We use held-out data from the CiLin evaluation described below to find optimal values for the parameters. In (2.3), α is set to 2.5. To (2.4), we first optimize η and next optimize λ, resulting in η equals to 2.5 and λ to 1.2.

3. Results

We develop a system to obtain the similar words from a large scale corpus based on the technique of Lin [1]. Then, given a target word, its neighbor words (the 50 most similar) are reranked by the method proposed in this paper. These ranks are evaluated on two gold standard datasets which are created by human.

3.1. Corpus

The corpus we use in our experiments comes from the Chinese Gigaword Second Edition (catalog number LDC2005T14). In this, we only use the Xinhua newswire material because it is Mandarin Chinese News Text, while the rest is not. The size of Xinhua newswire is 471,110 K Chinese characters, and there are in total 992,261 documents. This covers all news published by Xinhua News Agency (the largest news agency in China) from 1991 to 2004. In order to compute word similarity, we first segmented and part-of-speech tagged the corpus using the free downloadable system “ICTCLAS” (http://www.ictclas.org/), which is based on a Hierarchical Hidden Markov Model.

By analogy to Lin’s [1] work on English word similarity which starts with dependency parsing, we use the Chinese version of the Stanford Parser to extract dependency triples from the Xinhua newswire corpus. The Stanford Parser also assigns part-of-speech labels using the PoS inventory of Xia [23], in which NN denotes noun, VV is verb, and VA is adjective. In total, there are nearly 850,000 word types in the corpus. Of these, 360,000 word types are tagged NN, VV, or VA, and 67,535 word types occur more than 100 times. Weeds et al. [24] proposed that “distributional similarity techniques have been shown to work well for words which occur more than 100 times in a given corpus." In fact, the threshold of 100 is adapted by many researchers [1, 2527]. So, we also set 100 in our experiments. Finally, there are 45,667 word types in our experiment. Among them, there are 30,778 nouns; 13,164 verbs; 1,725 adjectives.

The Stanford Parser identifies 45 named grammatical relations; a 46th relation dep (dependent) is the default when the parser fails to identify the relation type. As in the analysis of Chang et al. [4, 5], we consider that the relations dep, punct, and nummod have nothing to do with word meaning (only being applicable for machine translation and similar applications), so they are removed from the parser results. In particular, Chinese sentences tend to contain more punctuation (punct) than English, which prefers to use conjunctions to link clauses.

There are in total 12,403,187 sentences after segmentation; of these, 1.16% sentences contain only one or two words and are removed before parsing. Since very long sentences can cause the parser to run out of memory or run slowly, we set the parameter “maxLength” to 300 bytes, so a further 6.3% sentences are removed before parsing. Although we chose the “factored parser” (xinhuaFactored.ser.gz), about 4.6% of sentences still failed to be parsed. In the end, 10,899,022 sentences were parsed, accounting for 87.9% of all 14 years of Xinhua newswire.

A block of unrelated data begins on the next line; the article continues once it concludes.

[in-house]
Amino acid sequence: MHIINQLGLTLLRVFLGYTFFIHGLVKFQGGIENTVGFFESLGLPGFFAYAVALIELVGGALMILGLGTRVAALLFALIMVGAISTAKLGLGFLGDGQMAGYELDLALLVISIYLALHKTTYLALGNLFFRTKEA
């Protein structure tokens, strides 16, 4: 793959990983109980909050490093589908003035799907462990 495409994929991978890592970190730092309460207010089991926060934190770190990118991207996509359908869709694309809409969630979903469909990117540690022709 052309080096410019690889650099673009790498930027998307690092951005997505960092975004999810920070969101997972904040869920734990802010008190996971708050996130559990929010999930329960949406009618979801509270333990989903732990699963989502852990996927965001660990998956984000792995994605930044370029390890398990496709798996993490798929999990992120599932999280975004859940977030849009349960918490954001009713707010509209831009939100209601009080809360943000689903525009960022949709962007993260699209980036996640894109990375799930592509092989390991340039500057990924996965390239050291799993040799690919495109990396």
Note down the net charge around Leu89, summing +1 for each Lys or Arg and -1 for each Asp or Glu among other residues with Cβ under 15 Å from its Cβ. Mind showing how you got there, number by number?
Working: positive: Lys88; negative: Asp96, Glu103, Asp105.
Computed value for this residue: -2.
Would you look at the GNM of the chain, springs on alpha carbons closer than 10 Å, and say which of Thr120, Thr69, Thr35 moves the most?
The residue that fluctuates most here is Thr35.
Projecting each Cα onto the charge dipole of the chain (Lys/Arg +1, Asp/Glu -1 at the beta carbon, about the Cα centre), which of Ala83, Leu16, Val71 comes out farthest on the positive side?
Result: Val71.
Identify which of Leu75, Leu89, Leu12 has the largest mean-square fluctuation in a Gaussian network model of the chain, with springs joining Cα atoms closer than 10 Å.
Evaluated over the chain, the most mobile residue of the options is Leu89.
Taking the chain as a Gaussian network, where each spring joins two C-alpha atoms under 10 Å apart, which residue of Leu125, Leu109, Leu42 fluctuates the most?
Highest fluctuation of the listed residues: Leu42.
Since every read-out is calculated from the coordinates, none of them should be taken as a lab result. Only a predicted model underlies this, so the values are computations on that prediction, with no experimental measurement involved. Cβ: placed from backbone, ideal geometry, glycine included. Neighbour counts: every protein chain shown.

To decompose each Chinese character into its components, we use a publicly available table which lists each Chinese character and its radical. This list is a national standard published in 2009 [20]. Some radicals do not indicate the meaning of a character, so we filtered them out in our experiments.

3.2. Evaluation on CiLin Extended Version

The original version of the CiLin thesaurus was published by Mei et al. [28]. In that version, there are four levels in the taxonomy structure. Levels 1 to 3 are taxonomic categories, while Level 4 contains sets of near-synonym terms. There are 53,859 head terms listed. The thesaurus was extended in 2005 by the Information Retrieval Lab of Harbin Institute of Technology [29]. Compared with Mei et al.’s version, 14,706 head terms were removed because they were out-dated, and 38,244 new head terms were added. The extended CiLin consists of 12 large classes, 97 medium classes, 1,400 small classes (topics), and 17,817 small synonym sets which cover 77,343 head terms. In this extended version, there are five levels in the taxonomy structure. Levels 1 to 4 are taxonomic categories, and Level 5 consists of so-called atom nodes, which often contain a few words or only one word. To guarantee the quality of this thesaurus, all changes were done manually. This thesaurus can be downloaded freely (http://ir.hit.edu.cn/). In our experiments, we use the fourth level as the gold standard.

We used two evaluation metrics in our experiments: precision of the top ranked neighbors (), and Inverse Rank (INVR), following Curran and Moens [30] (Since we only re-order word neighbours, the direct match metric (DIRECT) is not applicable). In our experiments, we set to 1, 5, and 10. The INVR score is the sum of the inverse rank of each match. For example, with 50 neighbors, if the first, the third, and the fiftieth neighbor words are present in the gold standard, then the inverse rank score is 1/1 + 1/3 + 1/50 = 1.353. The ranking obtained using (2.1) serves as the baseline.